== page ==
Java goes back to the PC

James Gosling, who helped create Sun Microsystems' Java software, is working to bring it back to its desktop computing roots. Making things easy with JavaFX Sun looks to jolt interest in Java

SAN FRANCISCO--Java has come full circle, and James Gosling has watched the 12-year journey.

In 1995, Sun Microsystems introduced Java as a way to endow Web surfing with fancy graphics and more sophisticated interaction than just basic pointing and clicking. By introducing JavaFX Script this week at the JavaOne conference here, Sun is trying to reinvigorate that original idea.

Gosling helped invent the Java programming language, initially called Oak, in the early 1990s. He was involved in its early spread as a Web browser plug-in and its commercial success in server software and mobile phones.

But when it comes to "client" devices such as desktop computers, Adobe Systems' Flash took over where Java started. Sun is trying again, and Gosling, chief technologist for Sun's client software group, talked about the plans with CNET News.com's Stephen Shankland.

Q: Could you give a quick description of JavaFX Script?
Gosling: JavaFX describes a series of client initiatives we're doing. There are two that are pretty real right now. One is a scripting language called JavaFX Script. It's a scripting language designed for creating dynamic user experiences, for creating graphical user interfaces (GUIs) with really rich interaction and dynamic behavior and lots of artwork.

You can do that with today's Java, but what--it's too difficult?
Gosling: It can take a long time. Also there's this strange thing in the computer GUI business--traditionally there's been this notion that you want to have consistency. Companies like Apple and Sun have published user interface guidelines that say buttons should look this and sliders should look like that. But what people are wanting these days is something where the look is totally under their control--it's totally re-skinnable. The app (application) you see is really the face of whoever has built it for you. If it's a bank or a media company, the app you interact with is the face of the company.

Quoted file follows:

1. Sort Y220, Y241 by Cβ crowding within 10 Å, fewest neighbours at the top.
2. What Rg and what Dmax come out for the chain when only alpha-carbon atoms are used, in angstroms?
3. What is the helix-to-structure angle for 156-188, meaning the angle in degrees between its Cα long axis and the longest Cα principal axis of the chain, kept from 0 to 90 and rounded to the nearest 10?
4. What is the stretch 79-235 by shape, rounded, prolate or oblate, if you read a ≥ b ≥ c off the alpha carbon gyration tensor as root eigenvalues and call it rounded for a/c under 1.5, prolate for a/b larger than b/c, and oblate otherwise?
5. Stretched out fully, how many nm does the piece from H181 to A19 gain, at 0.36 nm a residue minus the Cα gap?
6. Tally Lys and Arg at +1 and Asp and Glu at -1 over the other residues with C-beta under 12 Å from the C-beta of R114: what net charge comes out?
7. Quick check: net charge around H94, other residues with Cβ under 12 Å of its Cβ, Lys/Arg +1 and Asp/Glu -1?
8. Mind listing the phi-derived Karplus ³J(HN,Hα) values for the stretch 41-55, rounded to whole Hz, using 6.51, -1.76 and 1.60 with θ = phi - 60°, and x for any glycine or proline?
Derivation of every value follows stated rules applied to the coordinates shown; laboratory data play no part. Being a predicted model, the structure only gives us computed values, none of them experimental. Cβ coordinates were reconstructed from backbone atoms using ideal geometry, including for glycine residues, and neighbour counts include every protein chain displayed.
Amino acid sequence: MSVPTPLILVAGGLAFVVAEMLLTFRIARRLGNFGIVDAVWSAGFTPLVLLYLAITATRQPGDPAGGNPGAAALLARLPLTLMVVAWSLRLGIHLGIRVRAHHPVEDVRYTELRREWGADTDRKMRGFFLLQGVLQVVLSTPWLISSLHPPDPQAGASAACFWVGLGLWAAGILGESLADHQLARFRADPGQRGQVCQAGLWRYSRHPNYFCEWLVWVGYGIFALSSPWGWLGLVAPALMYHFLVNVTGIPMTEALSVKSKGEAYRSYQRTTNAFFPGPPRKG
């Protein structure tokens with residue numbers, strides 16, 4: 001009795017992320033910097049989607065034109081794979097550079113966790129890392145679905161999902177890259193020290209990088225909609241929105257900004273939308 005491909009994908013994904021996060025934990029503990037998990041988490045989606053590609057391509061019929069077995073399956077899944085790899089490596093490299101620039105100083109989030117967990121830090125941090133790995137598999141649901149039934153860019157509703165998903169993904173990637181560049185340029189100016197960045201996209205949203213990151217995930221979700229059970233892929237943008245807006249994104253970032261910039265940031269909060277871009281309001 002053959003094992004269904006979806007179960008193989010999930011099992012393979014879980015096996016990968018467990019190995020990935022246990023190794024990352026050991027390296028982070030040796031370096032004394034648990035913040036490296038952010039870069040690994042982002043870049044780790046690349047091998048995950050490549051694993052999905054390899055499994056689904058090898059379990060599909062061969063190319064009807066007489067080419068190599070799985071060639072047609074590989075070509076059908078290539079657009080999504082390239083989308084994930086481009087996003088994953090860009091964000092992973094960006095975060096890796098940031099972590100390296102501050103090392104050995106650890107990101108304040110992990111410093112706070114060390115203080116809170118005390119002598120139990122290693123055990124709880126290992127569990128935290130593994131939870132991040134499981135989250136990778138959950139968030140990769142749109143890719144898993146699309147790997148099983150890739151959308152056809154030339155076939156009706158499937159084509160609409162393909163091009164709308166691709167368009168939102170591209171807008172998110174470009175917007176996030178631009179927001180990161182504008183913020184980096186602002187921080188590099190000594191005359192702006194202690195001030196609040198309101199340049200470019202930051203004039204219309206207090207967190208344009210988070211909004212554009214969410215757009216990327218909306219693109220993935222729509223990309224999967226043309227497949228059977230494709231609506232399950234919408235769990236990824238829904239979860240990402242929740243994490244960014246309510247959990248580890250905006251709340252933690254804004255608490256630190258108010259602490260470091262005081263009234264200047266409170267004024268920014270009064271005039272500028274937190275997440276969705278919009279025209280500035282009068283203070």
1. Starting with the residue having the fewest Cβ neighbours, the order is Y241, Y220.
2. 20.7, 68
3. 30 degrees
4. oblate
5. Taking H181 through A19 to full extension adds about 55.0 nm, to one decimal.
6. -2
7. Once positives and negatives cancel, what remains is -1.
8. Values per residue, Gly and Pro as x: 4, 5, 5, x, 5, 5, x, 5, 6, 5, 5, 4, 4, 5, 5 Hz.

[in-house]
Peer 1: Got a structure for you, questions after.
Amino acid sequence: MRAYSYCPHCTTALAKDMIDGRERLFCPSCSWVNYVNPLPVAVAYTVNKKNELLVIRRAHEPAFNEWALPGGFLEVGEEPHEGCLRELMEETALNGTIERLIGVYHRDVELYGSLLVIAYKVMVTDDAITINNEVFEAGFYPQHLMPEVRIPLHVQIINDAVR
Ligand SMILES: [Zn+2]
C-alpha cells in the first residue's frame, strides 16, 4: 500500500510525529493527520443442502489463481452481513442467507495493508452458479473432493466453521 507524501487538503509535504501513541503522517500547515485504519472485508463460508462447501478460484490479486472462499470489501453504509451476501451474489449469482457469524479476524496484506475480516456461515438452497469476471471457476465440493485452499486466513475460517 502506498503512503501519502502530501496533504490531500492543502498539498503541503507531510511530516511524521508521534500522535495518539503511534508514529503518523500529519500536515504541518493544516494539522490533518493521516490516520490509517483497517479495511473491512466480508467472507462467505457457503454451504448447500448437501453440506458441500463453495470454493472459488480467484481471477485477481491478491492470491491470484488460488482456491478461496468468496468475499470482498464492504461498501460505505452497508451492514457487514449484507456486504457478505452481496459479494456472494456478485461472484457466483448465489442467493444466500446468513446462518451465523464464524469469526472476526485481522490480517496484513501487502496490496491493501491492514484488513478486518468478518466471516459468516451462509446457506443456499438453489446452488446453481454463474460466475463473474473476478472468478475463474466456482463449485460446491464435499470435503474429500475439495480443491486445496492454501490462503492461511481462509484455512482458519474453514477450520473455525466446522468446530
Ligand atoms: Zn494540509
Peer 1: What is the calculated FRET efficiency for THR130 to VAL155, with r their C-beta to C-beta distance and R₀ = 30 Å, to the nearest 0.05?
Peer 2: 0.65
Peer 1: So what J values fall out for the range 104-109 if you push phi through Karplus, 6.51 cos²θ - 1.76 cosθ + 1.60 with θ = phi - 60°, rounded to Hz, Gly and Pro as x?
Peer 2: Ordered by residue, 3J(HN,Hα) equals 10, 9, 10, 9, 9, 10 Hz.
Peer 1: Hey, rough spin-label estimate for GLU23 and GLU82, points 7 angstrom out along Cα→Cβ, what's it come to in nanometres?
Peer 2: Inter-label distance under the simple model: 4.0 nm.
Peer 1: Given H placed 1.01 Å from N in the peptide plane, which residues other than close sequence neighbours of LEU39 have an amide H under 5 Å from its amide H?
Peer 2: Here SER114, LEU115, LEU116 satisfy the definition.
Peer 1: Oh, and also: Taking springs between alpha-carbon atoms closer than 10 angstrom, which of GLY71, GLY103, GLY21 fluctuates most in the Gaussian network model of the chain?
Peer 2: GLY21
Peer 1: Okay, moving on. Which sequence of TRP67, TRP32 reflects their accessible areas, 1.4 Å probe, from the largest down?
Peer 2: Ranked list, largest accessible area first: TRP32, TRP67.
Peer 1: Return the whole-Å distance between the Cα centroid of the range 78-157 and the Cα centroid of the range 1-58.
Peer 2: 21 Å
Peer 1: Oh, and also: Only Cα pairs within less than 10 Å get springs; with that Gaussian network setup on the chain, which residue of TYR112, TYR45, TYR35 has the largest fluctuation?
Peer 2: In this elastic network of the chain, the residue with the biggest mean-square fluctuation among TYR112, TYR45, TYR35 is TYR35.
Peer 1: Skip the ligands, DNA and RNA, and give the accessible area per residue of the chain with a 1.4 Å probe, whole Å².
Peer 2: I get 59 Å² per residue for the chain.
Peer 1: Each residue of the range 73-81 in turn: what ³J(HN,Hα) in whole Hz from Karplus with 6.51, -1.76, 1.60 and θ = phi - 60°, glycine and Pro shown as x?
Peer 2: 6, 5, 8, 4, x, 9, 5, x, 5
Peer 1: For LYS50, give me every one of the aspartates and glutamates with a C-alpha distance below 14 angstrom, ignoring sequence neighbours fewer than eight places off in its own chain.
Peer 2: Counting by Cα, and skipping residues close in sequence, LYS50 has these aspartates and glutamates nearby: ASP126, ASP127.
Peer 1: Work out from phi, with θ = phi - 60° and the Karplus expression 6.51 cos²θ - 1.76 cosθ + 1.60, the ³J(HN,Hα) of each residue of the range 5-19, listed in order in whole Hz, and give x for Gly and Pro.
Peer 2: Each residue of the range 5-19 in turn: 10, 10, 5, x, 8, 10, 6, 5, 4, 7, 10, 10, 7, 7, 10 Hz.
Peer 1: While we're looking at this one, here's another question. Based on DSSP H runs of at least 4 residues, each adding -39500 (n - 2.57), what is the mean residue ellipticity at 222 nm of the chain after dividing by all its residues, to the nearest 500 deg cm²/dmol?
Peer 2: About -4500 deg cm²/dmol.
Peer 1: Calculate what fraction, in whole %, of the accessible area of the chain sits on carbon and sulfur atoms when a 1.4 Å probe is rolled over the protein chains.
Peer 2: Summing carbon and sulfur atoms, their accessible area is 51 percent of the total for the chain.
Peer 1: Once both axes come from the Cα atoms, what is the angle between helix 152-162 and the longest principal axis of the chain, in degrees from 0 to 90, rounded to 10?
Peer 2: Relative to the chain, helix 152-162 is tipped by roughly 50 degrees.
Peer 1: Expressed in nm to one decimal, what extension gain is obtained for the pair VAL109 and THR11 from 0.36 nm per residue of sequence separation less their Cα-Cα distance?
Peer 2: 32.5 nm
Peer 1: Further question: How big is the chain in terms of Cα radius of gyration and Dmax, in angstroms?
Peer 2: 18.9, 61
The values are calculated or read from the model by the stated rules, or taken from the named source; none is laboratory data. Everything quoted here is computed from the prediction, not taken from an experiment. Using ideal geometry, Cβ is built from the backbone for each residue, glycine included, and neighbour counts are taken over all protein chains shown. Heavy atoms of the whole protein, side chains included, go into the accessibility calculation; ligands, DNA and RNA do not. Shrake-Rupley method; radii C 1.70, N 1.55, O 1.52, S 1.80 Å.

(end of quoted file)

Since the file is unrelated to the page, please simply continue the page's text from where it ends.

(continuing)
Video:
CNET News.com's Stephen Shankland catches up with Java co-creator James Gosling and talks to him about the latest version.

It seems to me this is returning to the roots of Java, an interactive Web experience. Is that an accurate statement?
Gosling: It's very much an accurate statement. The applet (small downloadable Java programs) technologies and 2D graphics and Swing (Java graphical interface technology) are all about doing that. Applets are a technology that people have tended not to use for no particularly good reason. There is the legal history with things being a little bit uglier than they should have been...

Microsoft vs. Sun and the antitrust (lawsuit)?
Gosling: That was really ugly. It really killed the whole applet thing for a bunch of years, but one of the not quite well-understood facts is that applets still work really well.

So why are you guys doing this now? It seems a lot of this action is happening now with Adobe's Flash and perhaps Microsoft's Silverlight .
Gosling: This is certainly in that space. The Java platform has got a huge installed base, and the depth of what you can do in the Java platform is really huge. If you compare what you can do with Java coded in an applet, it's far more than what you can do with things like Flash. But the issue for us really has been that while the capability was there, it's been difficult to do. So we've been on this mad tear to make the easy stuff easy. We've gotten pretty good at making the hard stuff possible, and over the last couple years we've focused pretty heavily on the enterprise world and making (it easy to build) these giant enterprise apps.

For somebody's stock-trading application or something like that?
Gosling: Yeah. And it's gotten pretty respectable. Now we're trying to do the same thing for client application development.

About the author

Stephen Shankland has been a reporter at CNET since 1998 and covers browsers, Web development, digital photography and new technology. In the past he has been CNET's beat reporter for Google, Yahoo, Linux, open-source software, servers and supercomputers. He has a soft spot in his heart for standards groups and I/O interfaces.

 

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